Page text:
I have looked at this information for a long time, trying to solve the mystery of whether this is two families - one with a father who is a yeoman/farmer, the other a maltster - or one where the father does all three (setting aside the final entry for "Frederick Rich"). It wasn't until I was working on the Milton branch of the family that I discovered that the second option was very likely to be true: Elizabeth Milton's sister Ellen Wood Milton married Jonathan Date, and in the baptism records of their children he was also noted variously as a yeoman, farmer and maltster (he was also a baker). Although it might be possible that there were two families of William and Elizabeth Rich, the likelihood of there being two families of Jonathan and Ellen Date, with their less common names, is much smaller. Also, the Dates lived and worked at Snailholt Farm, Watchet, and I think it is quite possible that William Rich worked with/for Jonathan whilst the Rich family were in Watchet. Snailholt Farm was quite a large farm, about 143 acres, and so the Dates would have had many workers. I can imagine that William may have worked for him.

I have not been able to find any electoral lists that cover the period in Somerset where William Rich senior's occupation is listed as a yeoman. But it would appear that he was farming somewhere around the Vexford, Stogumber area. Perhaps a change in fortune lead to him and his family moving to Watchet, to work as a maltster, possibly with his brother-in-law Jonathan Date at Snailholt Farm. A maltster made malt, usually from barley, and often the maltster farmed the barley first. Being a maltster at a farm suggests that they were also farming barley there. There was a brewery at Stogumber that the malt would have been produced for.

By about the early to mid 1830s the Rich family had moved on from Watchet, back to around Stogumber/Higher Vexford, to take up farming again. Barley? Who knows. Although I have not been able to locate William and Elizabeth Rich in the 1841 Census (or any census in fact!) living at Higher Vexford in 1841 were Benjamin, Sarah and John Milton, brother, sister and father of Elizabeth Rich. The 1841 Census also lists a 10 year old Louisa Rich (F.S. - farm servant/female servant?) living/staying with the Miltons in Higher Vexford. So I think it is safe to assume that William had been working with his in-laws in Higher Vexford. I don't know where the majority of the Rich family were during the 1841 Census. I don't actually know when either William or Elizabeth died. There is the possibility that the family moved to London for William to work as a baker, using skills he possibly picked up whilst working with his brother-in-law Jonathan Date. The 1851 Census has daughter Avice living with Benjamin and Sarah Milton in Vexford - where all the other living members of the Rich family were is anyone's guess. By 1857, when Avice was married in Lambeth, Surrey, William is listed as a farmer. He is not listed as deceased on the marriage record, but then I'm not sure if they would do that anyway.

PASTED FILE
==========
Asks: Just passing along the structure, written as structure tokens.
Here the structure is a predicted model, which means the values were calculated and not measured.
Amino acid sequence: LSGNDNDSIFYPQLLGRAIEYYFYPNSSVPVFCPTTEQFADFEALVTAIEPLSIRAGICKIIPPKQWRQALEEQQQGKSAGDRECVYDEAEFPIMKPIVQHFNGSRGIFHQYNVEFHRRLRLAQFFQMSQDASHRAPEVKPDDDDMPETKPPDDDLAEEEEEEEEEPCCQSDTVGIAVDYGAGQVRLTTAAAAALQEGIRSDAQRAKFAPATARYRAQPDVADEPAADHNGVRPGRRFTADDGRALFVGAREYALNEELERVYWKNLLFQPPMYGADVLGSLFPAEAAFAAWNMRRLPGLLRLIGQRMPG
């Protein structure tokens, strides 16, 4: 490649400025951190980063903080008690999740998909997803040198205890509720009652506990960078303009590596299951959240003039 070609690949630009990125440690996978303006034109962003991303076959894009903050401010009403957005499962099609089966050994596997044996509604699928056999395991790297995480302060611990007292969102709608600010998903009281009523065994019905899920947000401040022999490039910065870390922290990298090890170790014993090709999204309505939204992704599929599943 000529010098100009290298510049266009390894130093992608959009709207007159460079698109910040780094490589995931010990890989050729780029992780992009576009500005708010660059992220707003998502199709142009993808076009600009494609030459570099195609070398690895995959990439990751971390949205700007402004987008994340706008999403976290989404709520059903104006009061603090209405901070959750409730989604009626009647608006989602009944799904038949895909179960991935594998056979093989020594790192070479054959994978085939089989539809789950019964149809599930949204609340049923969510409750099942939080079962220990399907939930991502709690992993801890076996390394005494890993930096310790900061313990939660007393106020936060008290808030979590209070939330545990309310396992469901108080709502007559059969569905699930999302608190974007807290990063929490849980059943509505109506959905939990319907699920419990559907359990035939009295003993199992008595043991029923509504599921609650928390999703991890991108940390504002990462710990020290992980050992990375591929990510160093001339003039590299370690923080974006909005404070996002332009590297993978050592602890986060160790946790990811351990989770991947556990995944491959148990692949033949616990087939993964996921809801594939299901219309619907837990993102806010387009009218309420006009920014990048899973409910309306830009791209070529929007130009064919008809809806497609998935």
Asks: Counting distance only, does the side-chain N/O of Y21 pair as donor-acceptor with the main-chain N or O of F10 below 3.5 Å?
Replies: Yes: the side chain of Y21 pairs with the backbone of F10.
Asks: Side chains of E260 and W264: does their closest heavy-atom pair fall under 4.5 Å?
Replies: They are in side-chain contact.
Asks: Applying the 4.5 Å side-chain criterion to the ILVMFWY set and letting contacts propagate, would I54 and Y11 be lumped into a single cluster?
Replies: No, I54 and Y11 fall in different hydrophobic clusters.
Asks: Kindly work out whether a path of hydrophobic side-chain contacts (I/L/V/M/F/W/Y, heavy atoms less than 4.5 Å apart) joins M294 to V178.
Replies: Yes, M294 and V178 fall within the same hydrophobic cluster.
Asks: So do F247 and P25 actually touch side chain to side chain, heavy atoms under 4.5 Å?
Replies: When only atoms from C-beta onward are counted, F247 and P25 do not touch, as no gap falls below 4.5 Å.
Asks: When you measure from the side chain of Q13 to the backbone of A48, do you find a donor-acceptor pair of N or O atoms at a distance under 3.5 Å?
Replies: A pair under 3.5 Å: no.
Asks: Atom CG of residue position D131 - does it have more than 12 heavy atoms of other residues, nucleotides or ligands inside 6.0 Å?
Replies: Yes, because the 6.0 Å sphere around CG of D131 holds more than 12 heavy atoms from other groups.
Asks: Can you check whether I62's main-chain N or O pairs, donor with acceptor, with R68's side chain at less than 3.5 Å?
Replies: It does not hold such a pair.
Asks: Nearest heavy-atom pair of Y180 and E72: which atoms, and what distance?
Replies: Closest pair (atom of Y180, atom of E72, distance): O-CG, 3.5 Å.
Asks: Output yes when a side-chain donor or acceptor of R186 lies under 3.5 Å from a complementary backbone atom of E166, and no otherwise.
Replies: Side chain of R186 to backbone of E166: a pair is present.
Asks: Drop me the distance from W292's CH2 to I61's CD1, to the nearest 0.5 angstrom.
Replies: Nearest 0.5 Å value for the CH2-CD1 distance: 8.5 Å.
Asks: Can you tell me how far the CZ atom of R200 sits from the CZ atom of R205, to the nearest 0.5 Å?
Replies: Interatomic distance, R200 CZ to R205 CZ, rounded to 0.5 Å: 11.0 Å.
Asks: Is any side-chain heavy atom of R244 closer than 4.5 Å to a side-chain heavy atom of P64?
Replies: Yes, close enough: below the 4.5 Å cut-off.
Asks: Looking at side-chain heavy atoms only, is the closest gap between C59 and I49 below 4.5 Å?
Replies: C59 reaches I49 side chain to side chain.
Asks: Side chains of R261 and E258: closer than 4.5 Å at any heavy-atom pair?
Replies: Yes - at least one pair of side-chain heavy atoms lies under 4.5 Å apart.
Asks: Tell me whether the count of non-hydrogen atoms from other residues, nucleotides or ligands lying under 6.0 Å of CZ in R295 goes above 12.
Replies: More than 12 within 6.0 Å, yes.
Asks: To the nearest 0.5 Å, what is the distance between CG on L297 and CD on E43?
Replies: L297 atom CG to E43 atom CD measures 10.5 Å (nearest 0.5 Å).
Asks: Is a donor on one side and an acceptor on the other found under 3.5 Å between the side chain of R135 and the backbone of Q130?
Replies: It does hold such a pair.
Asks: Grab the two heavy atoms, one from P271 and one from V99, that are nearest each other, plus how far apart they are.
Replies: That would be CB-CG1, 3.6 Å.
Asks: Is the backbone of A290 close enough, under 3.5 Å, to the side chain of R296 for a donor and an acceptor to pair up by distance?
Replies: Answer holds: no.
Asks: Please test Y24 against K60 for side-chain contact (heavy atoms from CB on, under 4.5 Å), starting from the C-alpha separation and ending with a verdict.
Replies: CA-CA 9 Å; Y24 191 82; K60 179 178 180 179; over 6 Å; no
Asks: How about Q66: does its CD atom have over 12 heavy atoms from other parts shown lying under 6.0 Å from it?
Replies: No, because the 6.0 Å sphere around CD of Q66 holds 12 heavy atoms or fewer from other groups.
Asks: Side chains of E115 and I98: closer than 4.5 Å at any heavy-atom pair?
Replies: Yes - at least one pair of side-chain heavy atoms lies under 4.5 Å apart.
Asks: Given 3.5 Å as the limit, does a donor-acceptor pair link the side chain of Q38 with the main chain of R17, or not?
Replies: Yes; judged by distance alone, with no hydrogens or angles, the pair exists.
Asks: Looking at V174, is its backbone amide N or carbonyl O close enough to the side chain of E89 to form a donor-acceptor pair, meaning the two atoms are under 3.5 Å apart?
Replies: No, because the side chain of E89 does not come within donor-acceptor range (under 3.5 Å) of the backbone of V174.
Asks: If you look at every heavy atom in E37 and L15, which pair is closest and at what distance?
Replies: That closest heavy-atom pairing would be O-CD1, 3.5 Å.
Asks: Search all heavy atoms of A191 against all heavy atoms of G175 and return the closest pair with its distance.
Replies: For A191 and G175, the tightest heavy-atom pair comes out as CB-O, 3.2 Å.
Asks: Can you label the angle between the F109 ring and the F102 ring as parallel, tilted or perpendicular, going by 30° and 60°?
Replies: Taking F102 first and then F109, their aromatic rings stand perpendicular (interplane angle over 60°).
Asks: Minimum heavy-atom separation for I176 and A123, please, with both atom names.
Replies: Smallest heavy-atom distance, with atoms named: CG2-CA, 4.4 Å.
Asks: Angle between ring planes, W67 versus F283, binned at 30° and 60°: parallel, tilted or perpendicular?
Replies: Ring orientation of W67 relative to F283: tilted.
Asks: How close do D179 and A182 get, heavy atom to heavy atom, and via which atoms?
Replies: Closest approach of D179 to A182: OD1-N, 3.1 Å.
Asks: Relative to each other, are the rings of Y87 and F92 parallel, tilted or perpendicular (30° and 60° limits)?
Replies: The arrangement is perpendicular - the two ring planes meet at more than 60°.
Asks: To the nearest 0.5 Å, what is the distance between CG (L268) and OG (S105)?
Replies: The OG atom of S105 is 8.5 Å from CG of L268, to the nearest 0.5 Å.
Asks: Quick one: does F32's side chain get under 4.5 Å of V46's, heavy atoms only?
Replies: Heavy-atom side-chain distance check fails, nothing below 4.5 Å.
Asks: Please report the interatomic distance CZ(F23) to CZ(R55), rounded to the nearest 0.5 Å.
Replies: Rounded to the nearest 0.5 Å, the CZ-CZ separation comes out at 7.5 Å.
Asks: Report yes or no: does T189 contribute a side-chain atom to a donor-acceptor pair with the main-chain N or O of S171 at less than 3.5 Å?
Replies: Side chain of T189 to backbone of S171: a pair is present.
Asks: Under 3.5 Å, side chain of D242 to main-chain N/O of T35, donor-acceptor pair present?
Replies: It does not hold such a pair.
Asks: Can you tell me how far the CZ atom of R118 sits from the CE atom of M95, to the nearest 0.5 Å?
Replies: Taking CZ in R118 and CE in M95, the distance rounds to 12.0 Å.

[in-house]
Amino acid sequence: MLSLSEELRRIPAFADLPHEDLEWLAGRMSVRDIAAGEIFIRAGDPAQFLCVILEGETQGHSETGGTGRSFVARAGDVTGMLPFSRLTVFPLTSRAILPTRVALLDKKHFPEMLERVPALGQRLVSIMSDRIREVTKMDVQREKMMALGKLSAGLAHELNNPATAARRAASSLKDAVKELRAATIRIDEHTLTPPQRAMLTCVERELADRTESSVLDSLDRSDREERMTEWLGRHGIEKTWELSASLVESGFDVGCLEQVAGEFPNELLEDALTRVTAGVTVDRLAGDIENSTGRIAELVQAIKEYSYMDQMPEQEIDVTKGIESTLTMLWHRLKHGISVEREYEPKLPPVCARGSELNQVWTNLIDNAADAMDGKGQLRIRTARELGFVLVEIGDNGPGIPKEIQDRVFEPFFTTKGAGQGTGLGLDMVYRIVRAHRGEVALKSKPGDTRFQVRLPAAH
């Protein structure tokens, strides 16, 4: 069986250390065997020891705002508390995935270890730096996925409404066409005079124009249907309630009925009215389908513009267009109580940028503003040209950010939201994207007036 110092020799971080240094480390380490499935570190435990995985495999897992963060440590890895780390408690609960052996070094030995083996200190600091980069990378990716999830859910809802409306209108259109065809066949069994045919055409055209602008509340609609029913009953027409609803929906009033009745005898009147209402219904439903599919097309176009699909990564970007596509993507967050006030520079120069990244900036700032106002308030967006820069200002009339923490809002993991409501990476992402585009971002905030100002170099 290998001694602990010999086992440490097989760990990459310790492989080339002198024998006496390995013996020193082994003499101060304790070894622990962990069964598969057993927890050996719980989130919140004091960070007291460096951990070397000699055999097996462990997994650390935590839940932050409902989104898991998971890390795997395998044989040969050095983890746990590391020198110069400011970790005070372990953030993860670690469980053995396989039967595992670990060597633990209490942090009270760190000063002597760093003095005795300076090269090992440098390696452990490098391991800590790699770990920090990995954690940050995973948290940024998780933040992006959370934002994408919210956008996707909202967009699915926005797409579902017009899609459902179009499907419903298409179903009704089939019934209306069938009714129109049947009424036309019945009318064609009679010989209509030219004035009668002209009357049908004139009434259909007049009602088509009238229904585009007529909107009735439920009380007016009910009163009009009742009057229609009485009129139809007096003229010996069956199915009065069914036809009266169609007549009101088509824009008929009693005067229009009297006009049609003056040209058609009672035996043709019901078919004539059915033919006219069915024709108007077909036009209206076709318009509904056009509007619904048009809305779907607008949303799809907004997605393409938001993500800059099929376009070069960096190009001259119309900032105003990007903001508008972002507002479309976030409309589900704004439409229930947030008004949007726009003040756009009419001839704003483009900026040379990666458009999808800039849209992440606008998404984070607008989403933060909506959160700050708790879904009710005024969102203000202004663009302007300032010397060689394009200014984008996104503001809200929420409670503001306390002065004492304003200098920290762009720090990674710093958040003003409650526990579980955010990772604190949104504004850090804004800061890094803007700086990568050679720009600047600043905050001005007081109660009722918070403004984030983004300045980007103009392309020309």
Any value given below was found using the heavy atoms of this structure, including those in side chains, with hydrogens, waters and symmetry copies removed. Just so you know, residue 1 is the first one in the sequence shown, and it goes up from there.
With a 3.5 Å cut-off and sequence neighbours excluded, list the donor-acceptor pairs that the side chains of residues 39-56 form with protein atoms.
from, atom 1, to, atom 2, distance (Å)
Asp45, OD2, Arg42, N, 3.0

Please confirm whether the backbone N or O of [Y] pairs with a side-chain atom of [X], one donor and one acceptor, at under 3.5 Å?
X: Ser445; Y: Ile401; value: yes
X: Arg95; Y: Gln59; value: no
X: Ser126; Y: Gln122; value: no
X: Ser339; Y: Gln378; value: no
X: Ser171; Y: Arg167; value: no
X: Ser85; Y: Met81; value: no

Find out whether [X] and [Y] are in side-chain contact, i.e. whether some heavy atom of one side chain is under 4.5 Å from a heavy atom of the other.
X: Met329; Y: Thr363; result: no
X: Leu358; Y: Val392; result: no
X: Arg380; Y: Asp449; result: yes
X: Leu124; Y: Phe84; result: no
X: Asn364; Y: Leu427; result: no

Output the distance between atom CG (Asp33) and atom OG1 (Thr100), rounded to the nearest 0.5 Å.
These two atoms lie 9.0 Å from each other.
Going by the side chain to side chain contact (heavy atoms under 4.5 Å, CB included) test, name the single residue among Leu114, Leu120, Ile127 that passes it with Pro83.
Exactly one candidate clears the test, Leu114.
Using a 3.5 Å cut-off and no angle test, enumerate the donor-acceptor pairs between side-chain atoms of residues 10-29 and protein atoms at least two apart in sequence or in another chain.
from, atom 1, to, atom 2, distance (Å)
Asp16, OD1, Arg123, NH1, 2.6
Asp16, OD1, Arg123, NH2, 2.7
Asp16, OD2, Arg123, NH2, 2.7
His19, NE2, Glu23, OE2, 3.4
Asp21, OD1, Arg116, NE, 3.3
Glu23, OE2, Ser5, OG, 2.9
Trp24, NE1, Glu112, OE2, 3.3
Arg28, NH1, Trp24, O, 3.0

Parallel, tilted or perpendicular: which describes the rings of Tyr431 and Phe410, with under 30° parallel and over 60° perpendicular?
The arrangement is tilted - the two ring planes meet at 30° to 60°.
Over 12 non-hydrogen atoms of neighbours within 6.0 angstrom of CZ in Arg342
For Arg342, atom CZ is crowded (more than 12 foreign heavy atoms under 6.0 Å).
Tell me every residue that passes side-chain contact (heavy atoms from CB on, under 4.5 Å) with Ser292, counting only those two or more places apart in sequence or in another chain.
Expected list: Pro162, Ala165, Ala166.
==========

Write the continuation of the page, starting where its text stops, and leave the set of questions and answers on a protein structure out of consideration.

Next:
And that's about as far as I can get with guessing what the Rich family were up to in Somerset. I can only assume that the William Rich who was baptised at Stogumber in 1836 with his sisters Emma and Ann was my great great grandfather, unless better information turns up!

01 October 2012

William Rich - perhaps he didn't swim here...

I've never been able to work out how my great great grandfather William Rich (born abt 1832, Bridgewater, Somerset, UK; died 1927, Willoughby, NSW, Aust) got to Australia.

I knew from his death notice that he was a Crimean War veteran, and he presumably arrived in Australia after he had completed his war service. It is just about impossible to find Crimean War records, but today I found that there were a number of William Richs who served in the merchant navy, and some merchant navy ships did indeed serve in the Crimean War.

There is even a merchant navy listing for a William Rich, born in Bridgewater. His register ticket number was 56694. Unfortunately, I can only find a listing in the index for him, but there does not appear to be an actual record of his service available. So I may never know if it was him in the merchant navy, but it doesn't seem so far fetched to think that he may have been working on a ship when he came to Australia, and stayed.